Dear Brothers and Sisters in Christ,
The late Francis Cardinal George once wrote “In the United States, everything is permitted, even encouraged. … But, while practically everything might be permitted, practically nothing is forgiven. By contrast, in the Church much is not permitted. … But while much is not permitted, everything can be forgiven. Our culture pulls us towards vengeance, our faith towards mercy.” On this Divine Mercy Sunday, his words echo powerfully in my heart, for we indeed live in a time when permissiveness is run amok and forgiveness is in short supply. Today it is often referred to as cancel culture – a form of ostracism from community or profession, often encouraged by social media and carried out in media and in person – and the inclusion of the word “culture” is what disturbs me most. It means that the human tendency to seek vengeance (an effect of original sin) which can be overcome by the mercy of Jesus’ sacrifice on the Cross, has been so exaggerated in our time that it has become a defining characteristic of our entire cultural milieu, rather than an unfortunate attribute of some personalities. In its beginnings, this culture seemed to be reserved for public figures, but it increasingly includes ordinary people. What is worse, the culture pervades even personal relationships, such that many people no longer communicate with one another because of things posted on personal social media accounts. The comments section of any news article (a tool of the devil if ever there was one) is rife with sniping and even threats. In Fairfield, we recently saw this form of doxing take place with teenagers who behaved in a morally sinful way. Adults attacked them and their families online, so caught up in condemning the action that they forgot to call the sinful to conversion. Cancel culture is profoundly sinful because it is rooted in pride and utterly lacks charity. The height of its hypocrisy is the insistence that no one has the right to judge anyone else, yet cancel culture by its very nature both judges and condemns with a hopeless severity. Cancel culture can only exist and thrive when we lose sight of God’s infinite mercy, when we fail to experience His mercy in our own lives, and when idolatry of self has clouded our vision completely.
When we are faced with the reality of evil – whether in the world or in our own thoughts, words, and deeds – we can be comforted that Jesus ate with sinners, that he spent time with those who were judged by their society. We do well, however, to remember that our Lord always called them away from their sinful lives and into a lived relationship with Him. When we are tempted to translate the cancel culture normally reserved for nationally known public figures to a local application, we do well to remember our Lord’s strong admonition “Judge not, lest you yourself be judged” (Mt. 7:1). Our culture takes this phrase to mean that Jesus approves of every action, that He is permissive. On the contrary, these words of our Lord are a call to mercy. In teaching us not to judge, Jesus teaches us to step back and allow God to be God, to yield to the Just Judge. In reminding us “lest you yourselves be judged” our Lord is gently reminding us that we are sinners in need of mercy. Deeply embedded in our society, though, is the idea that Jonathan Edwards first gave us, that we are sinners in the hands of an angry God. As our society has become increasingly secular, the angry God is replaced by angry citizens. Said angry citizens see only the sins of others and need no mercy for themselves. Our Catholic faith, however, teaches us a radically different lesson. We are sinners in the hands of a loving, merciful God. We are sinners who need mercy, and who can receive Divine Mercy if only we would open our hearts and minds to say yes to this infinite gift. To open our lives to Divine Mercy is to receive not only forgiveness for ourselves, but also to become instruments of God’s mercy for a wounded world.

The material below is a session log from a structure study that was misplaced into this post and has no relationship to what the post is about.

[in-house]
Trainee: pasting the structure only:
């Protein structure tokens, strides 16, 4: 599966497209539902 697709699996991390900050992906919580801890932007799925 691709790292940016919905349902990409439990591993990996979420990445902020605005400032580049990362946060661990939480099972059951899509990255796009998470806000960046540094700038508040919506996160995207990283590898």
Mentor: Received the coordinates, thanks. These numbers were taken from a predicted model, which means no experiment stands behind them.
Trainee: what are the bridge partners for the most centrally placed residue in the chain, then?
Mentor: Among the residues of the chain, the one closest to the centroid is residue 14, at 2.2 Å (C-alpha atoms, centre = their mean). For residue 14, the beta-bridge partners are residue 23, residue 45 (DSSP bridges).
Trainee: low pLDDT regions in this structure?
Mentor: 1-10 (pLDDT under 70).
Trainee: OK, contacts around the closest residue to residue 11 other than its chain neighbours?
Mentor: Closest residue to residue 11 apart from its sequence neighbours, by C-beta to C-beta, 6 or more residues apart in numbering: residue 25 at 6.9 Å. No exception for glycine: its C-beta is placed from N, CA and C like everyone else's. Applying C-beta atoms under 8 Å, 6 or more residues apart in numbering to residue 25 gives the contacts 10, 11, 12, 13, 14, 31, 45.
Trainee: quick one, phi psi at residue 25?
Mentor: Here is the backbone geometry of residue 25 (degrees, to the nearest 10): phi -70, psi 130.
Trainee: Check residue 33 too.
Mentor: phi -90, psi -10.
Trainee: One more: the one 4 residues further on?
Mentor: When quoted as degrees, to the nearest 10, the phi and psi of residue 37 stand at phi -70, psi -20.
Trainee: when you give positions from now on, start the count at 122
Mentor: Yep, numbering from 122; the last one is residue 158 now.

Catholicism places this need for mercy squarely in front of us in two powerful ways: the Mass and the sacrament of Confession. Every Mass begins with the public admission of sin and the plea Kyrie eleison – Lord, have mercy! Throughout the Mass, we stand together before the Father asking for mercy. The Eucharistic Prayers all acknowledge that of our own merits we have nothing, but God who is merciful counts us worthy to come together before Him, we sinners who need abundant mercy. In the Eucharist, we receive that abundant mercy, for the Eucharist is the spiritual food we need if we are to carry the mercy of Christ to the world. The Mass reminds us of who we are, and that in spite of our sin, God loves and welcomes us, He restores what is fallen, raises up what has been made low, and shows us that sin is not meant to define our lives. In the sacrament of Confession, we personally experience the mercy of the Father. “Lest you yourselves be judged.” Confession teaches us to bring before the merciful gaze of our loving Jesus those things we would never want judged by the world. One-on-one, in confession, we find forgiveness and mercy. The more frequently we find this mercy, the more we are able to see the need for mercy in the world around us. If Catholics made use of this encounter with the living and abiding mercy of Jesus more frequently, the world would be a more merciful place. We cannot give what we do not have – and if we have not received mercy for our own sins, we can never be bearers of mercy for those who sin in the world. What the world needs now is not permissiveness but forgiveness.
I will spend this week participating in a retreat for priests. This retreat is geared toward helping priests receive the merciful, healing love of the Father and grow as instruments of the mercy of Jesus in their parishes. I am grateful to Fathers Silva and Blatchford for taking care of things in the parish while I am away. Please pray for me this week.